See the first installment of this series here.
As we have said before, macroeconomics looks at the big picture, i.e. how is the economy performing? To help us answer this question, macroeconomists have come up with certain factors which are as follows:
Gross domestic product (GDP)
In simple terms, GDP gives us the monetary value of how much the country produces in a year. Think of a family which comprises 2 sons and 2 daughters. The sisters produce electric bicycles which cost them $1 million. While the brothers built customised bike engines which cost them $1 million. Thus, you will say that the family’s GDP was $2 million in a year.
In a similar manner, you will calculate the monetary value of all the products which are made in a country.
To give you an idea, here are some GDP figures for the year 2019:
(Source: Gross domestic product 2019)
Yes, you are right in wondering how you get these figures, considering a country has so many different sectors and private as well as public enterprises. Usually, the country has a dedicated governmental agency which collects and calculates the country’s GDP figures.
In fact, you can also see the world GP over the years, as given below:
Note: Visit QuantInsti to see an interactive version of this chart.
How do you calculate the GDP?
Broadly speaking, there are three ways to calculate the GDP, which should give you the same figure. Let’s see what these are:
A. Output (or production) method – In this method, you calculate the final value of all the goods produced, but subtract the value of any intermediate goods consumed in the process. Taking the family’s example, if one electric cycle is valued at $1000, but the steel and material used is worth $700. Then the final value will be $300.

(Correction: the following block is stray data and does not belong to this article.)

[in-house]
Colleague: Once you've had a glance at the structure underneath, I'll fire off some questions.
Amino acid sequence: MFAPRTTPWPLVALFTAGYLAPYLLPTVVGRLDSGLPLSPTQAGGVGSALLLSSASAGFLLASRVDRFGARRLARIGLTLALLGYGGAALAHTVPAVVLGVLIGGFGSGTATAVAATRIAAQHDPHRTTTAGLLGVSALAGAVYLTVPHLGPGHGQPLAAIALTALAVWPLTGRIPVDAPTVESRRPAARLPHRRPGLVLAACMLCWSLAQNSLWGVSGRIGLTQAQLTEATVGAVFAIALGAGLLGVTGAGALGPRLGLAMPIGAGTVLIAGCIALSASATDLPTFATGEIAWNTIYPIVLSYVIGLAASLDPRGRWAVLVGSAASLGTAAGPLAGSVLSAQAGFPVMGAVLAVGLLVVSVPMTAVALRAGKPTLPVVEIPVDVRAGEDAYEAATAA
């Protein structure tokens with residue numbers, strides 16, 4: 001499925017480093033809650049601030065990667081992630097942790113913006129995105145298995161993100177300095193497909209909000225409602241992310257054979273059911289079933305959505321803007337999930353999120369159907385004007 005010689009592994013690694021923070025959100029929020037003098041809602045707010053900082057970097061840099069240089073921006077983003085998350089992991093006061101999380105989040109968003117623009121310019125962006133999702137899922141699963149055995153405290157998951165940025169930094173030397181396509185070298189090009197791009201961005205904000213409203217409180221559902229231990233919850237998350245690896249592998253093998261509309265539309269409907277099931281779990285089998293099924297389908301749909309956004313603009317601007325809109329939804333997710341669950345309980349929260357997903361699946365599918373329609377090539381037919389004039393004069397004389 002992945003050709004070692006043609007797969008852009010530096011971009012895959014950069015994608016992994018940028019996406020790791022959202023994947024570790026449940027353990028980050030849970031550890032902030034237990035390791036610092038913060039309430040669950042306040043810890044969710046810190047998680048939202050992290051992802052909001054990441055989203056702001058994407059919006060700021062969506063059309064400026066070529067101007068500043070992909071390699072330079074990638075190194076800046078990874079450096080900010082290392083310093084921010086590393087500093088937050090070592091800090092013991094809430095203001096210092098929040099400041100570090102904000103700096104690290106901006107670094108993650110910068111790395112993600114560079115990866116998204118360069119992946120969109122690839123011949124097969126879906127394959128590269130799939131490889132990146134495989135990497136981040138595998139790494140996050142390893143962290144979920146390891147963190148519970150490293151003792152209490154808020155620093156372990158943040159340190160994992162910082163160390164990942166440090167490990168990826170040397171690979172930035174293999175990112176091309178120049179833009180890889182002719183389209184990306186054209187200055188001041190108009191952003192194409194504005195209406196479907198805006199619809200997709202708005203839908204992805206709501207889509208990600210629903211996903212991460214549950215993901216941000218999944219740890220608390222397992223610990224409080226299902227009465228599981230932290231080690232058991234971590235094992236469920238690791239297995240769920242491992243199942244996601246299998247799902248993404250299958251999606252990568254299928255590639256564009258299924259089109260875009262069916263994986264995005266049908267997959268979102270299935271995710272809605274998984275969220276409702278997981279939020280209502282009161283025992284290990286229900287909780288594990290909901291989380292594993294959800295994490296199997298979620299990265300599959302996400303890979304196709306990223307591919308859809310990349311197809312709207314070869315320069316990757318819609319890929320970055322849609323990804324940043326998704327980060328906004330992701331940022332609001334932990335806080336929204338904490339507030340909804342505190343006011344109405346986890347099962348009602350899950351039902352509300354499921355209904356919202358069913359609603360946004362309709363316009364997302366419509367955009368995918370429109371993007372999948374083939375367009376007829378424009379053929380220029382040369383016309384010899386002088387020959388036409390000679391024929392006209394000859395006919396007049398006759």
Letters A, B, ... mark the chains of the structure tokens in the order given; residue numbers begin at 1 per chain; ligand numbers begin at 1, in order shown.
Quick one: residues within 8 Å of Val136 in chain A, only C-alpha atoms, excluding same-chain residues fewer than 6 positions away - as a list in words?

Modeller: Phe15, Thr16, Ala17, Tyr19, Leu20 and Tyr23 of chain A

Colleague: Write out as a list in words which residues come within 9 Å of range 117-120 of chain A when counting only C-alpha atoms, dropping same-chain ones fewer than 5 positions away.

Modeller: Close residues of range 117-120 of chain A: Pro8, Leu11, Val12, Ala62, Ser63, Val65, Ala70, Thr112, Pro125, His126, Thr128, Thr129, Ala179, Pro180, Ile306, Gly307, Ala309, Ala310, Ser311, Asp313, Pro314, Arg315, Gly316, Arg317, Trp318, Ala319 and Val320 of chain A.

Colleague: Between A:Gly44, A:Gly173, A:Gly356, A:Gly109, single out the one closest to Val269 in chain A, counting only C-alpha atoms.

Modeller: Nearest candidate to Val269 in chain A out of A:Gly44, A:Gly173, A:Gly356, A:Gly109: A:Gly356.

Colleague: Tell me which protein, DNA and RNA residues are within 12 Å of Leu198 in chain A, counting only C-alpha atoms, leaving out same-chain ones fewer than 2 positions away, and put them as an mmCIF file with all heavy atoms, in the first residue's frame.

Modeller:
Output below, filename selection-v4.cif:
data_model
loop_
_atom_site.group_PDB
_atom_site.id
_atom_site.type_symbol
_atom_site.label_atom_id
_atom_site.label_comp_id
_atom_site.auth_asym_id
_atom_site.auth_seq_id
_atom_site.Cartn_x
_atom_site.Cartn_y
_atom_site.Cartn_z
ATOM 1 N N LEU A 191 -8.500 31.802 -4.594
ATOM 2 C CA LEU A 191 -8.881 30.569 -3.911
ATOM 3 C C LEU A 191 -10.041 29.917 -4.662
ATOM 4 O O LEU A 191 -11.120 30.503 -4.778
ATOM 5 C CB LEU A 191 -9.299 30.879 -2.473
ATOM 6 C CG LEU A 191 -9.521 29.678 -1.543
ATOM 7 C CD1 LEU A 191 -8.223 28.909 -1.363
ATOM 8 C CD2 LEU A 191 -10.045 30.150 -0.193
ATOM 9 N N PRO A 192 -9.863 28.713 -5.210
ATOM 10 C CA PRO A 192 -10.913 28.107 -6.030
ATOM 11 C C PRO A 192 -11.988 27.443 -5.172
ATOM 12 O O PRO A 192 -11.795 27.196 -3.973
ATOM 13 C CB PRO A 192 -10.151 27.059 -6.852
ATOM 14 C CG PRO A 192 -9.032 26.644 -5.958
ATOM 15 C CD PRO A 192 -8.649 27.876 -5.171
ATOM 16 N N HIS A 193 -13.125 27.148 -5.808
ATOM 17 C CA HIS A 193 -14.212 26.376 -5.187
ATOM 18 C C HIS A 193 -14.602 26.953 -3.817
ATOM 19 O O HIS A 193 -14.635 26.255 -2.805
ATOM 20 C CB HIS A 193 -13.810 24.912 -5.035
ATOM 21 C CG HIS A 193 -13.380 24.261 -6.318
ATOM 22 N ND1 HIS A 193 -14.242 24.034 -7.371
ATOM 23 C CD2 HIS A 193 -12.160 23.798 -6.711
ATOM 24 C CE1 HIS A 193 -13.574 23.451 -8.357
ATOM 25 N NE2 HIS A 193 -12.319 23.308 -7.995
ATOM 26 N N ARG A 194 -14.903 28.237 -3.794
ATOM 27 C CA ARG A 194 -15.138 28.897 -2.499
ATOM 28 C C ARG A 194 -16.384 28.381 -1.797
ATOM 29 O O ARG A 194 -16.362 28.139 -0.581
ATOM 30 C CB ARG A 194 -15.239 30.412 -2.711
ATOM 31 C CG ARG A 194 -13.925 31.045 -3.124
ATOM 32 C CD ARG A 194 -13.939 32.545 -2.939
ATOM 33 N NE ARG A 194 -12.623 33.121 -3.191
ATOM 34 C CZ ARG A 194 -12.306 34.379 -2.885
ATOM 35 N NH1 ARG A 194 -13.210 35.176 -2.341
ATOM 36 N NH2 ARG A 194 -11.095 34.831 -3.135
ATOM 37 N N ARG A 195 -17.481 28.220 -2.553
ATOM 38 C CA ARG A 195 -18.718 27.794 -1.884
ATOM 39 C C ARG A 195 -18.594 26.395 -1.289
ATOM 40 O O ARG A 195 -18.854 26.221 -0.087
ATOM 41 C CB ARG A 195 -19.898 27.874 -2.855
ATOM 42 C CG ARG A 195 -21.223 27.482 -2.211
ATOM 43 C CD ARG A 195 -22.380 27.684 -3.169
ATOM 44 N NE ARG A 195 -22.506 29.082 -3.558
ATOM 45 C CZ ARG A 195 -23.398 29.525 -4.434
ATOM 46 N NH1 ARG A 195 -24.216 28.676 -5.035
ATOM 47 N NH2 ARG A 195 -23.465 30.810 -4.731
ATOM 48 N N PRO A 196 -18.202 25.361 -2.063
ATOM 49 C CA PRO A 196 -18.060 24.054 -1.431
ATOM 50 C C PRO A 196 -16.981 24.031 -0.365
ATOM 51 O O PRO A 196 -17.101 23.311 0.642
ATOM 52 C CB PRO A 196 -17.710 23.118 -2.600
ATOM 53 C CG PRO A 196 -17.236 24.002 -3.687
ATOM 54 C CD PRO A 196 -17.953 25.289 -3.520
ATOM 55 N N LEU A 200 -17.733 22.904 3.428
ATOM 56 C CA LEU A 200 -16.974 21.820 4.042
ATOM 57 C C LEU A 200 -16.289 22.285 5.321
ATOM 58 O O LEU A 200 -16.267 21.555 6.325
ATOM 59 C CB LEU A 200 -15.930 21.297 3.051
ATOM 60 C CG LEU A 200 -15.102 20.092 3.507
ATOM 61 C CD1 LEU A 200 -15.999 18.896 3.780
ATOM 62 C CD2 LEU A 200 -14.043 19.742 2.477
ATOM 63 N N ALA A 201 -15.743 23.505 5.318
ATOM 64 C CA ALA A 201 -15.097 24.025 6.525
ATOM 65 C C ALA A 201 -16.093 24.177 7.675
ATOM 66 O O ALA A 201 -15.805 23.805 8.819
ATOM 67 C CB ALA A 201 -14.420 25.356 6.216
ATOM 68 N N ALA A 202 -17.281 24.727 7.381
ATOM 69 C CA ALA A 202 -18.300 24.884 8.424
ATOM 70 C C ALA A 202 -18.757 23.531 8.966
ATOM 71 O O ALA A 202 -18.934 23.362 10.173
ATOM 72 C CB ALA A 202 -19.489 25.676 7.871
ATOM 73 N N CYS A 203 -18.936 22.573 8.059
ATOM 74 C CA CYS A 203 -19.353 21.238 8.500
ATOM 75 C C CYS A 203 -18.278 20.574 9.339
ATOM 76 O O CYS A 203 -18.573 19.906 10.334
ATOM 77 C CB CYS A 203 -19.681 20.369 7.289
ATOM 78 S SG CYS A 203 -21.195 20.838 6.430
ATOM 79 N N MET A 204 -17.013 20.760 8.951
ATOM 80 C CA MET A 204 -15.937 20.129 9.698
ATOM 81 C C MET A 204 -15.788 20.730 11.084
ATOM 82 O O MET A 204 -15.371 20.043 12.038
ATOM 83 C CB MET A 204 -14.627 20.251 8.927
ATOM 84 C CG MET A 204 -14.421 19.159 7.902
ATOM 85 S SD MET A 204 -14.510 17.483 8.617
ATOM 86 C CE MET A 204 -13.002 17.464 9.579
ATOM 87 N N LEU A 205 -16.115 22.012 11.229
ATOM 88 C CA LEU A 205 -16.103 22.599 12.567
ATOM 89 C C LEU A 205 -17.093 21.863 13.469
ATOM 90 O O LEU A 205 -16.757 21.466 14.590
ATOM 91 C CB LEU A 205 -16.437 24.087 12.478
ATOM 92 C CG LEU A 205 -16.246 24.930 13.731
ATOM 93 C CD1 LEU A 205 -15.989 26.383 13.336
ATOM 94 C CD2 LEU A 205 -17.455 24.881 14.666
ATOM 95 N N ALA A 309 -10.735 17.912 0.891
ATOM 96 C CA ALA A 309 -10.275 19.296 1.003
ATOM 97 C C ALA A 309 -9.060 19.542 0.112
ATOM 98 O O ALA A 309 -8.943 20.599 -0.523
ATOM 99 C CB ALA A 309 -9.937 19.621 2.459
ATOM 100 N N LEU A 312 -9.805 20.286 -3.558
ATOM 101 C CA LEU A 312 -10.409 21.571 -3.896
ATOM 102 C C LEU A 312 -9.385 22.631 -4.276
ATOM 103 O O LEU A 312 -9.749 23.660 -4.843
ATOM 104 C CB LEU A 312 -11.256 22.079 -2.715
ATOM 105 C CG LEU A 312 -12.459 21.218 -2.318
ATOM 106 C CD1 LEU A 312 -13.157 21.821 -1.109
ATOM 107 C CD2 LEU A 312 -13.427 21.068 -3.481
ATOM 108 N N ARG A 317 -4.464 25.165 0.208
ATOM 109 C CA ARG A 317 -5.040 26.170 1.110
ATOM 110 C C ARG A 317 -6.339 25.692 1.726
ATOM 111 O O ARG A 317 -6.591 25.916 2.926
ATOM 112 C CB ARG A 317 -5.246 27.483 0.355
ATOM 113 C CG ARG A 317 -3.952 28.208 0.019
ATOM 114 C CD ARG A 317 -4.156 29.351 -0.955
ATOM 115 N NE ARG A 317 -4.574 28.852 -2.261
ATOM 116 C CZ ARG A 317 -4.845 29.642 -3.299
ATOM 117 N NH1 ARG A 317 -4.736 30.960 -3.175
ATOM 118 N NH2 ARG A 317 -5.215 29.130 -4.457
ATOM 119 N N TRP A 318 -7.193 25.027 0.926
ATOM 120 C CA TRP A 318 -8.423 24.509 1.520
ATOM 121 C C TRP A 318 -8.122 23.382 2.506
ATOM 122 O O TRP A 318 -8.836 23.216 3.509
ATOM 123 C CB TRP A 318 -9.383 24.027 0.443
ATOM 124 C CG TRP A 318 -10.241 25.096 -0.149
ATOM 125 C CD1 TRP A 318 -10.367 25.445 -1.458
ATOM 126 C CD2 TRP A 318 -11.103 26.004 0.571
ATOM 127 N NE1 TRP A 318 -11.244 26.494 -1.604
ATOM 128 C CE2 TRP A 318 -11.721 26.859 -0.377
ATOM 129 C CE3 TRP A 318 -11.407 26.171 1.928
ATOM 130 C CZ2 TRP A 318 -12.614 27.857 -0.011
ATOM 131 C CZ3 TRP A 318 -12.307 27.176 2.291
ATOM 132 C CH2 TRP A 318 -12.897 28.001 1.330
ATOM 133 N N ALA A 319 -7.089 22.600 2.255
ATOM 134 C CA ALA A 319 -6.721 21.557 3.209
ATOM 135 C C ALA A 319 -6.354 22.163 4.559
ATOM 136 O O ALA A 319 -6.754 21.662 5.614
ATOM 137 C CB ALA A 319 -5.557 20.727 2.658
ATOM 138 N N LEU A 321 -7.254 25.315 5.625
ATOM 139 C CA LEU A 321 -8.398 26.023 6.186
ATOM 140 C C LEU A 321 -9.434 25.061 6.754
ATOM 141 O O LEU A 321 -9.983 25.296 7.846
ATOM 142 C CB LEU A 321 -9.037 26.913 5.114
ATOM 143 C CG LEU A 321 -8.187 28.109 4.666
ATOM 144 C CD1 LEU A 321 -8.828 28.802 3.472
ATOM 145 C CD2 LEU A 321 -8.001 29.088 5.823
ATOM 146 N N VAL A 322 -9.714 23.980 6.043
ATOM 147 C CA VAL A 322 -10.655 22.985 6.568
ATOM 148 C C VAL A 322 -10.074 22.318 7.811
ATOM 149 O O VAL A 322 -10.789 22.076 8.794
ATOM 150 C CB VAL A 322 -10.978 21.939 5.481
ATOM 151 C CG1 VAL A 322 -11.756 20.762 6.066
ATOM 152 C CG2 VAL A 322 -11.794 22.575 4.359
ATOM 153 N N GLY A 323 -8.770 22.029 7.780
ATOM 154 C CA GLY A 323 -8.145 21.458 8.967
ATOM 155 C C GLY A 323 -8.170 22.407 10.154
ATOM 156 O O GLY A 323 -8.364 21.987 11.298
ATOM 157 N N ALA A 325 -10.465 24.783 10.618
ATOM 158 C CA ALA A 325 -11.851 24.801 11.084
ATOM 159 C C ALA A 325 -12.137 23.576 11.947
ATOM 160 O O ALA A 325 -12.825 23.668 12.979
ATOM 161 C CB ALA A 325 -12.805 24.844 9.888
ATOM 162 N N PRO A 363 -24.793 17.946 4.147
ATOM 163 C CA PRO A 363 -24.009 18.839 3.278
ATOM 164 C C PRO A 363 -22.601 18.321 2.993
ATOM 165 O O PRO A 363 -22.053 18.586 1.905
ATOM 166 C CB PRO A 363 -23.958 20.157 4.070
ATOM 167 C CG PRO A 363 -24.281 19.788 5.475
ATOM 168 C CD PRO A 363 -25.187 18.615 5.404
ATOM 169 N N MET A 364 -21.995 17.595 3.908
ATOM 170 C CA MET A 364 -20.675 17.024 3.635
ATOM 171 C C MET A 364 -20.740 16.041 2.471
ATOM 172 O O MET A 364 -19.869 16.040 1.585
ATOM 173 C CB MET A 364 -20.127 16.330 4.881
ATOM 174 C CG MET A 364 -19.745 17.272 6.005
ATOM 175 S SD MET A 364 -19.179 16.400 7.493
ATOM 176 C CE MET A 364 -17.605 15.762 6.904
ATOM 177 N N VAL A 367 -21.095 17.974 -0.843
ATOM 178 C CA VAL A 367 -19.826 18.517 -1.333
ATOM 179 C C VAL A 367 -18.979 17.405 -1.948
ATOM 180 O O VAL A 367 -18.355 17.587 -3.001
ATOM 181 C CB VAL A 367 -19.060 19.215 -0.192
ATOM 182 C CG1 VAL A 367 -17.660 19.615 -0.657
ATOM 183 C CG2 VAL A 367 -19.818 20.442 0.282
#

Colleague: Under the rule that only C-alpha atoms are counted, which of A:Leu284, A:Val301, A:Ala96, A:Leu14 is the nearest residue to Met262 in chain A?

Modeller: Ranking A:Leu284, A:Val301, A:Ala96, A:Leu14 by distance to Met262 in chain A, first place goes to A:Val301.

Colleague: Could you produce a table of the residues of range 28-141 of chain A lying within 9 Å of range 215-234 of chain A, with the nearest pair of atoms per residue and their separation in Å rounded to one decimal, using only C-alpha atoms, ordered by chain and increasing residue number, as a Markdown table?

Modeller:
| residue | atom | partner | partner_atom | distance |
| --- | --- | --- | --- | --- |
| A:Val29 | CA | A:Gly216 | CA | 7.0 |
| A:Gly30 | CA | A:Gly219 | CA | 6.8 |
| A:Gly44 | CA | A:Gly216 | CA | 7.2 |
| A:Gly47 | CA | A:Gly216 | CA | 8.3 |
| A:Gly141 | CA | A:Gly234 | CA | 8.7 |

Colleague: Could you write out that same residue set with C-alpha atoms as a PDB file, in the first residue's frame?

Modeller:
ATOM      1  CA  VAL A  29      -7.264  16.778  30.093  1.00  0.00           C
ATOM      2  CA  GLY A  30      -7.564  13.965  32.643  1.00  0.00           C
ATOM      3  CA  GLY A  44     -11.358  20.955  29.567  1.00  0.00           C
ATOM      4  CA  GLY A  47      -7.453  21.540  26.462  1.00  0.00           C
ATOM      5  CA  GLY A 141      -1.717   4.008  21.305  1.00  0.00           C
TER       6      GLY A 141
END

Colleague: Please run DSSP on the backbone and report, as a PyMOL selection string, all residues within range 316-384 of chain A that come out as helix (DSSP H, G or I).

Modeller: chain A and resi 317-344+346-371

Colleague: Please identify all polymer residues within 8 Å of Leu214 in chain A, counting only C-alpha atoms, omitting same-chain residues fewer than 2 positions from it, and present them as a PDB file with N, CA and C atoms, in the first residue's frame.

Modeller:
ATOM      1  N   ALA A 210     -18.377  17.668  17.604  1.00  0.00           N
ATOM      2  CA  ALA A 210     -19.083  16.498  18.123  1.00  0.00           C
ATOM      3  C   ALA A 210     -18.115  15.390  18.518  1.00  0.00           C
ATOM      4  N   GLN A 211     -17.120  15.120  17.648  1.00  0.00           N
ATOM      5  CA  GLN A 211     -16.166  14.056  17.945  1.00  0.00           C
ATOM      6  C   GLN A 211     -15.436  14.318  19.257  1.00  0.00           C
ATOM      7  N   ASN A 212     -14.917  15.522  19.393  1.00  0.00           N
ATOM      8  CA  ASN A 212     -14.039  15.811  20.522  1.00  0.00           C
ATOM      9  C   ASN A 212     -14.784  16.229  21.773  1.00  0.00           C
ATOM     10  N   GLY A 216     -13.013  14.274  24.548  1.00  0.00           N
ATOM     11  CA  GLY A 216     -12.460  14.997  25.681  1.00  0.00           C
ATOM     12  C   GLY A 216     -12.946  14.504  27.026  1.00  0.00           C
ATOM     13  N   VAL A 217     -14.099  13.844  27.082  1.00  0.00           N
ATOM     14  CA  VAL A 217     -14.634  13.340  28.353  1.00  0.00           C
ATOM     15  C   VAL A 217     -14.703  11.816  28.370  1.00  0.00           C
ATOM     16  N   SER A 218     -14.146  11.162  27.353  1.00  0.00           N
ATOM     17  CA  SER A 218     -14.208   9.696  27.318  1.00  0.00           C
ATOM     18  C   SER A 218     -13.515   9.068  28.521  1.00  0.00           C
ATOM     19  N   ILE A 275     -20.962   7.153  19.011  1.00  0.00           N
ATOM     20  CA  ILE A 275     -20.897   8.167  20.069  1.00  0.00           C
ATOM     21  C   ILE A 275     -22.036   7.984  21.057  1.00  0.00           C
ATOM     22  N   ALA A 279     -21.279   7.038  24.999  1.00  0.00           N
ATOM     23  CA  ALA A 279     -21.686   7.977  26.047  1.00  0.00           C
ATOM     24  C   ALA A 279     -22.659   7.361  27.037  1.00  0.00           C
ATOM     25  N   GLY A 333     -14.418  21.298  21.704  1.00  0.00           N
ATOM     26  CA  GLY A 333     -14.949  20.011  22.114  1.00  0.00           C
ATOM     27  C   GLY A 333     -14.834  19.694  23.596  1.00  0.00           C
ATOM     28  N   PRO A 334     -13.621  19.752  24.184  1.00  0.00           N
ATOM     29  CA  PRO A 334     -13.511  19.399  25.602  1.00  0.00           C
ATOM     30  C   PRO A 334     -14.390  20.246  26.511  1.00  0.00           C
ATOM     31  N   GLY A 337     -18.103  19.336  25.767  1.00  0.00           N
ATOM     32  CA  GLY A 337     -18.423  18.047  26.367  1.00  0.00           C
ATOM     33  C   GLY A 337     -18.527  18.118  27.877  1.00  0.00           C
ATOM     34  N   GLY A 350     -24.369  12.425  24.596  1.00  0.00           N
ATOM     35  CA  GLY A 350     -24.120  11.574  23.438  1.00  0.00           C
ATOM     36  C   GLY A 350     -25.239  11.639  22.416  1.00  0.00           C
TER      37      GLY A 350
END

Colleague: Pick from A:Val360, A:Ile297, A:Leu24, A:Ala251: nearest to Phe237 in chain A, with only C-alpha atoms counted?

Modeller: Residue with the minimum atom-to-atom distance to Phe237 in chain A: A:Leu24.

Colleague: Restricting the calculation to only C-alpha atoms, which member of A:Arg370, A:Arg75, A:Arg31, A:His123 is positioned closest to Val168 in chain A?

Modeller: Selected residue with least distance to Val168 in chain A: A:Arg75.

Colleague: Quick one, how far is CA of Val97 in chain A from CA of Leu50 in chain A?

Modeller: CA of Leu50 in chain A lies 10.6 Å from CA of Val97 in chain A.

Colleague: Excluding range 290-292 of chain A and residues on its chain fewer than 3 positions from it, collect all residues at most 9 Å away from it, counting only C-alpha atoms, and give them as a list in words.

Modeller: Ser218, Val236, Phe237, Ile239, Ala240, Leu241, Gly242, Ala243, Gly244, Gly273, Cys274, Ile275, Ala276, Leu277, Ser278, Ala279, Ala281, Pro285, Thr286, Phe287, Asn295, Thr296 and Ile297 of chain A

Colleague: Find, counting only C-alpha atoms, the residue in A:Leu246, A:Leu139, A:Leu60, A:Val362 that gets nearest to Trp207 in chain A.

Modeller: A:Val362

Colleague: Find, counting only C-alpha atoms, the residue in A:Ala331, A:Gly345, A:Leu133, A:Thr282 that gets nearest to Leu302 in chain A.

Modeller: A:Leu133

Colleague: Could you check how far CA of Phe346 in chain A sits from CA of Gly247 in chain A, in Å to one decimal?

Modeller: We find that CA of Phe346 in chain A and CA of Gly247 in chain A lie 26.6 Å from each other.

B. Expenditure method – This method is a bit opposite to the earlier method, where we calculate the spending in the country. A simple formula for the expenditure approach is as follows:
GDP = C + G + I + NX
Here, C refers to consumption by mostly individual or private companies.
G refers to Government spending,
I represents an investment in capital goods
NX = Exports – Imports
In simple terms, it is assumed that any spending will occur in either of the four terms and thus, if add them all up, we will get the value of total spending or expenditure, which is called the GDP.
C. Income approach – As the name implies, the income approach simply tells us to add up all the wages, rents, interests or profits earned. This will tell us how much the country earned and is the GDP.
This was an oversimplification of the approach to calculating the GDP. In the real world, we also have to take into account the inclusion (or exclusion in some cases) of taxes, subsidies and rebates, which could distort the real number.
Stay tuned for the next installment in which Rekhit will review inflation.
Visit QuantInsti for additional insight on this tutorial:
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